Here's a Java program that makes two balls move around a window.
The task says :
1. If you completed the previous exercise, rebuild the animation so that a collision of the two balls causes both balls to reverse their horizontal and vertical directions.
2. Place a small barrier in the center of the box so that the ball(s) must bounce off the barrier.
I would really appreciate it a lot if anyone would help me, I'm really lost
This is particularly an area of interest for me. Your delay method uses a Thread.sleep() to wait for one clock tick. Here's what the java doc say:
javadoc wrote:Causes the currently executing thread to sleep (temporarily cease execution) for the specified number of milliseconds, subject to the precision and accuracy of system timers and schedulers. The thread does not lose ownership of any monitors.
This means that a thread can sleep for slightly different intervals depending on systems and is also subject to their underlying load. Your balls can move faster on a faster machine with no load and slower on a machine with high load. If you are designing a game, you would be interested in that.
detecting collision of the two balls need not be complicated. The first, not very accurate, way is to see if the bounding boxes overlap. The second way is, determine the distance between the two centres, and see whether that is larger or smaller than the sum of the radii.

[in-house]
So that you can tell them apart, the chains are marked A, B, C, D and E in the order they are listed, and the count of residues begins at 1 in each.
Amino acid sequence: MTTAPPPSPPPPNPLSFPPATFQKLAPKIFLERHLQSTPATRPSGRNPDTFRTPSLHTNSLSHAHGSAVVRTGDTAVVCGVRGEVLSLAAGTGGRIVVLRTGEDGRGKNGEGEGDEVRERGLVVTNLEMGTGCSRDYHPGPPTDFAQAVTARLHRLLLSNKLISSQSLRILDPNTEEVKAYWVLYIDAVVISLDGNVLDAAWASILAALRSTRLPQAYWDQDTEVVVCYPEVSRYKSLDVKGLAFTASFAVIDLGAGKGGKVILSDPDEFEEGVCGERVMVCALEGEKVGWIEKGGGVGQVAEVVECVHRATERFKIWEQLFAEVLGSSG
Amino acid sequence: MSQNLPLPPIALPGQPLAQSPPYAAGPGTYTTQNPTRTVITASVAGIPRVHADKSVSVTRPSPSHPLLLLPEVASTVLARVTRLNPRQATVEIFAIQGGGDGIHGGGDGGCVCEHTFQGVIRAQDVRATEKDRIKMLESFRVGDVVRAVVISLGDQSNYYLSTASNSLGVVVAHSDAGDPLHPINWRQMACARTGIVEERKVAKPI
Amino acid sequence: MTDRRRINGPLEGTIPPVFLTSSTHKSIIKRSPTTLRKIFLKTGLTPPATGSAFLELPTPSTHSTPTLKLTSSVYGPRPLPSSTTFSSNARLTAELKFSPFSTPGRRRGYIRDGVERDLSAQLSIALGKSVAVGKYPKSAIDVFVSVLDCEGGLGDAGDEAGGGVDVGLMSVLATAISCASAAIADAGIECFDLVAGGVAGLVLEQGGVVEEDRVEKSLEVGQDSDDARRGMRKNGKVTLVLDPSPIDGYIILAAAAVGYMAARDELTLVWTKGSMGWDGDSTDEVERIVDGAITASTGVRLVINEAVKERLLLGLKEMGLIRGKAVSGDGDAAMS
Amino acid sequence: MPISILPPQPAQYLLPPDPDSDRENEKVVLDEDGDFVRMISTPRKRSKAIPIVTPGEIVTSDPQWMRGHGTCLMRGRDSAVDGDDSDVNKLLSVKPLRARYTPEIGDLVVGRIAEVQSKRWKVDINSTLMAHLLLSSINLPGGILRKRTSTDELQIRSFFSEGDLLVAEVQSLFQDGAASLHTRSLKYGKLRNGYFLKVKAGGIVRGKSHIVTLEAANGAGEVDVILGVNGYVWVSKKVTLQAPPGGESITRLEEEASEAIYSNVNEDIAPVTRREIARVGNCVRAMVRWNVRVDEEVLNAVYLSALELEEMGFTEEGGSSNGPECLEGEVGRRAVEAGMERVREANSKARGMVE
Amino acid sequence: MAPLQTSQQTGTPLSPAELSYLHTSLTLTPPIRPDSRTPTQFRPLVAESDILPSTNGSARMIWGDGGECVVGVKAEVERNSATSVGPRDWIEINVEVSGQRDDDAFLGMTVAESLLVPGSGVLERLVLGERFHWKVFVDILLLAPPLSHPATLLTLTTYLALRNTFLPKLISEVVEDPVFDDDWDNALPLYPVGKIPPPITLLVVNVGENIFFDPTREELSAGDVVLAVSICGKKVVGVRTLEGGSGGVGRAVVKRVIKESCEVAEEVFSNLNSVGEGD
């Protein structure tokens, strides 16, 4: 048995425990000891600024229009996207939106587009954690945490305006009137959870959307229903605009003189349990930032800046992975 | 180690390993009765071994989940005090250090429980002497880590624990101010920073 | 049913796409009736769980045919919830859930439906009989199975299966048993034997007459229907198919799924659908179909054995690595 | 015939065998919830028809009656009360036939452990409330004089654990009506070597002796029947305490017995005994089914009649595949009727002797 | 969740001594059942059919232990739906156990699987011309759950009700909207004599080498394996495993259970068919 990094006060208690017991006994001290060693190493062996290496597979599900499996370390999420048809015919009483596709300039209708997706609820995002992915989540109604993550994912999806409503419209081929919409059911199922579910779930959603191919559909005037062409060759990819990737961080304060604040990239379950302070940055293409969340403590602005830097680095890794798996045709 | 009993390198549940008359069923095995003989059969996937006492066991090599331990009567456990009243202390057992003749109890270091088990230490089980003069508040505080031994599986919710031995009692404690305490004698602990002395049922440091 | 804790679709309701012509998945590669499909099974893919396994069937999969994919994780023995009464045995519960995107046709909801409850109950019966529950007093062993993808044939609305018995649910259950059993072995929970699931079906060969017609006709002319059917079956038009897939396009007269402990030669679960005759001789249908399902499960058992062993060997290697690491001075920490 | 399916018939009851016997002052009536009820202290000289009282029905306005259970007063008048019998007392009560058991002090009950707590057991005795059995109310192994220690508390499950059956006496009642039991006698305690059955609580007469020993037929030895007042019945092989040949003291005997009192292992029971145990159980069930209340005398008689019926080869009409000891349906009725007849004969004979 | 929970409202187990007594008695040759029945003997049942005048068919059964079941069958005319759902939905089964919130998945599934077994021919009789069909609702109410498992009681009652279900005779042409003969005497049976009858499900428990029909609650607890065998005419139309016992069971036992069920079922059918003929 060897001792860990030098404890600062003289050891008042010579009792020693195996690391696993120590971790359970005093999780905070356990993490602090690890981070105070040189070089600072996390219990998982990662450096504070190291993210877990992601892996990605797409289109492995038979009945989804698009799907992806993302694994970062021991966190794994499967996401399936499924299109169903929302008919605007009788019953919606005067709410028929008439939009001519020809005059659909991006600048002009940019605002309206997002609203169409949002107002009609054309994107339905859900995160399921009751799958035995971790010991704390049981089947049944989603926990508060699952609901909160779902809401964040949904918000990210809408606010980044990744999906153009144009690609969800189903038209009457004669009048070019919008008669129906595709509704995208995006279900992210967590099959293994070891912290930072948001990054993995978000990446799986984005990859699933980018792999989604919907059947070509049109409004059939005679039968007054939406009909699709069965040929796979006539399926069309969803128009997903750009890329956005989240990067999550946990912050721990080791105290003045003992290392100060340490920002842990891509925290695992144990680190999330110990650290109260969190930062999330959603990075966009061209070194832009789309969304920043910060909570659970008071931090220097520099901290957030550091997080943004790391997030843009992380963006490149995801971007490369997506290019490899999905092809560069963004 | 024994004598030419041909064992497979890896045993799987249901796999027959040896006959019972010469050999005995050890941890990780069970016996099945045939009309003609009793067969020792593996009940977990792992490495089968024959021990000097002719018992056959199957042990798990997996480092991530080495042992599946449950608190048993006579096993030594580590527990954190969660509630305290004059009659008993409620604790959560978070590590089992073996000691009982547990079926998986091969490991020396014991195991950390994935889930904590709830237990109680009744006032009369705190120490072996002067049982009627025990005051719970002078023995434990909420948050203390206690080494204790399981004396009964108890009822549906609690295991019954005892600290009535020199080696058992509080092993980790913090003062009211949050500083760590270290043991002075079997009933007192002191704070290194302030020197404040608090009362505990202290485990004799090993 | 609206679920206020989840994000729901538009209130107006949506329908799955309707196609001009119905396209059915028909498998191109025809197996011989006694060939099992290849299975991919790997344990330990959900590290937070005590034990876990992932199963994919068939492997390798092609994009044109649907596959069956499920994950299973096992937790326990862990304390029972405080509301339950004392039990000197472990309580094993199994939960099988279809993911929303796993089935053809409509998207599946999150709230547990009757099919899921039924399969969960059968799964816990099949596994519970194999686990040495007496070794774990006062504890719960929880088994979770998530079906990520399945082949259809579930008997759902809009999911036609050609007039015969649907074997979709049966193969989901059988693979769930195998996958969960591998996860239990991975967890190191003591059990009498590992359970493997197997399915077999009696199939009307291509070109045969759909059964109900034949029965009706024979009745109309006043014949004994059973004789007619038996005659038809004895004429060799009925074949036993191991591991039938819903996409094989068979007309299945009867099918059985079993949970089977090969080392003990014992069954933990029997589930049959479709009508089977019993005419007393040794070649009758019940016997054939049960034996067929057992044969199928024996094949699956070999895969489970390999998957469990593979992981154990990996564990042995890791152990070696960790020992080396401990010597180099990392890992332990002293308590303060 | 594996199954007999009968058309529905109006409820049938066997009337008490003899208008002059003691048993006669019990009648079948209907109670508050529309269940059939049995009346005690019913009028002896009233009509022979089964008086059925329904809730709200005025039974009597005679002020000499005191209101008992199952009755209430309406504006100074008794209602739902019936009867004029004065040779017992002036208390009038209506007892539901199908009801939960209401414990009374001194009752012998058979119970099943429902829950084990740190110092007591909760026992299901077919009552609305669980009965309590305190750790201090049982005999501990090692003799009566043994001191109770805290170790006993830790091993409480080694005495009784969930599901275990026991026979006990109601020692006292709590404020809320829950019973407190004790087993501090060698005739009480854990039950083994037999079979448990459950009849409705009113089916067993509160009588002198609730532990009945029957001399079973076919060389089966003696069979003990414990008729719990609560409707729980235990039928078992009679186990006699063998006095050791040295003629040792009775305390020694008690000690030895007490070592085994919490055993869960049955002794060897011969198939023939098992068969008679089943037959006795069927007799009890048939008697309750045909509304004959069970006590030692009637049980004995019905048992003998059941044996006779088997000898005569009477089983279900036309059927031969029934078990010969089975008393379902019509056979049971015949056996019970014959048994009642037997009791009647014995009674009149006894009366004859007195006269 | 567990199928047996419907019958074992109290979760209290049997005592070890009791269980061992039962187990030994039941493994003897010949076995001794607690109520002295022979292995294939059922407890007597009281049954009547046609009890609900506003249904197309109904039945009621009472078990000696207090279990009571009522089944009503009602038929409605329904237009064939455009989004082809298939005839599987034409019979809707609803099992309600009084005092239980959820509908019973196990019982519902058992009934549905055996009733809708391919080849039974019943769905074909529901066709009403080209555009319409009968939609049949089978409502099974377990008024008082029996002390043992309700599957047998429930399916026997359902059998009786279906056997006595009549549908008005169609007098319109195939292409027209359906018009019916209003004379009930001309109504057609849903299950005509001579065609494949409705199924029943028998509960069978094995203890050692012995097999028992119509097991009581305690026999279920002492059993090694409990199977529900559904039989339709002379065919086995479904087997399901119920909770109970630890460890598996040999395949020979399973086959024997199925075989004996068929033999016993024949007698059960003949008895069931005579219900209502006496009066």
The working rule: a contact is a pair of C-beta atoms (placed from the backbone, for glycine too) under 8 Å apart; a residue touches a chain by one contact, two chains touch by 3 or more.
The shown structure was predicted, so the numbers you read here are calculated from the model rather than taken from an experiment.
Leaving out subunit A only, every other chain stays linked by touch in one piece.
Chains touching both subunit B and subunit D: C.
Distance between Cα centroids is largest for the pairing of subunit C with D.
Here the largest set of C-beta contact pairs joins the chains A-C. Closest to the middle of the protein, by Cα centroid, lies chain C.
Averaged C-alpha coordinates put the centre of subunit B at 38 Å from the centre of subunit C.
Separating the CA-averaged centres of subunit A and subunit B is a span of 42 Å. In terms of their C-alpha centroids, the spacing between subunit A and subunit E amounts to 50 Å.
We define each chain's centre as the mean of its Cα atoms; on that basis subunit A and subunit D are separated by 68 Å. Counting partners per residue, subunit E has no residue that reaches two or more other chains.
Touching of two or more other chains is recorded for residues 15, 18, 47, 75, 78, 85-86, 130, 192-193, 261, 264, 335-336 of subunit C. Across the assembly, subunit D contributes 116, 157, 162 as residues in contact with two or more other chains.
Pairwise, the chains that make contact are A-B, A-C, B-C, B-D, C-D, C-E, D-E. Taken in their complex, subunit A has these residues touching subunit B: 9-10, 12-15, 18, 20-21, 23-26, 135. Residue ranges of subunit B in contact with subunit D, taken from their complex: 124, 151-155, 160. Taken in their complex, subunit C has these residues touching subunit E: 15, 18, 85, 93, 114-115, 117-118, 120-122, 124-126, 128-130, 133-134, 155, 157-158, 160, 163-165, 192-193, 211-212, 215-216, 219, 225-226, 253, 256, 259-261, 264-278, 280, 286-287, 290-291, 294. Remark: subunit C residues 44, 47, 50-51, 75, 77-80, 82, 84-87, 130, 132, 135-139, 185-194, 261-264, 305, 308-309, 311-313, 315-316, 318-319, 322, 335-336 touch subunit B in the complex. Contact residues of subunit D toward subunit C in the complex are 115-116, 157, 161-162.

Given the requirement, some strange effects might appear. If ball 1 is coming from the west, ball 2 from the south, and they collide, then the requirement is that ball 1 will go back to the west and ball 2 to the south, not what you would expect.
To counter the effect that Salvin mentions: a remedy is to measure the elapsed time between two invocations, and if that is (much) larger than 20 ms adjust the time units. However, that complicates matters, so I wouldn't tackle that unless it turns out to be a problem (but I do not expect that).
I think there are two approaches for the timer delay that I can think of. Both of them involves simply recording the lastExecutedTime. Whenever you do your tick, simply update the lastExecutedTime and also calculate the diff in milliseconds from the last run time. This number is the basis of your calculation :
Cycle/Tick based logic:
Let's assume your "cycle" is 10ms and the difference between last and now is 15ms, then you have to account for 1.5 cycles in your current render. e.g if your ball moves 1 unit every cycle, it should move 1.5 unit this cycle.
Time based logic:
Alternatively, you can work your logic based on time. i.e. decide how much the ball should move given that 15ms has passed. e.g. if your ball moves 1 unit every 10ms, then it should move 1.5 unit for 15ms.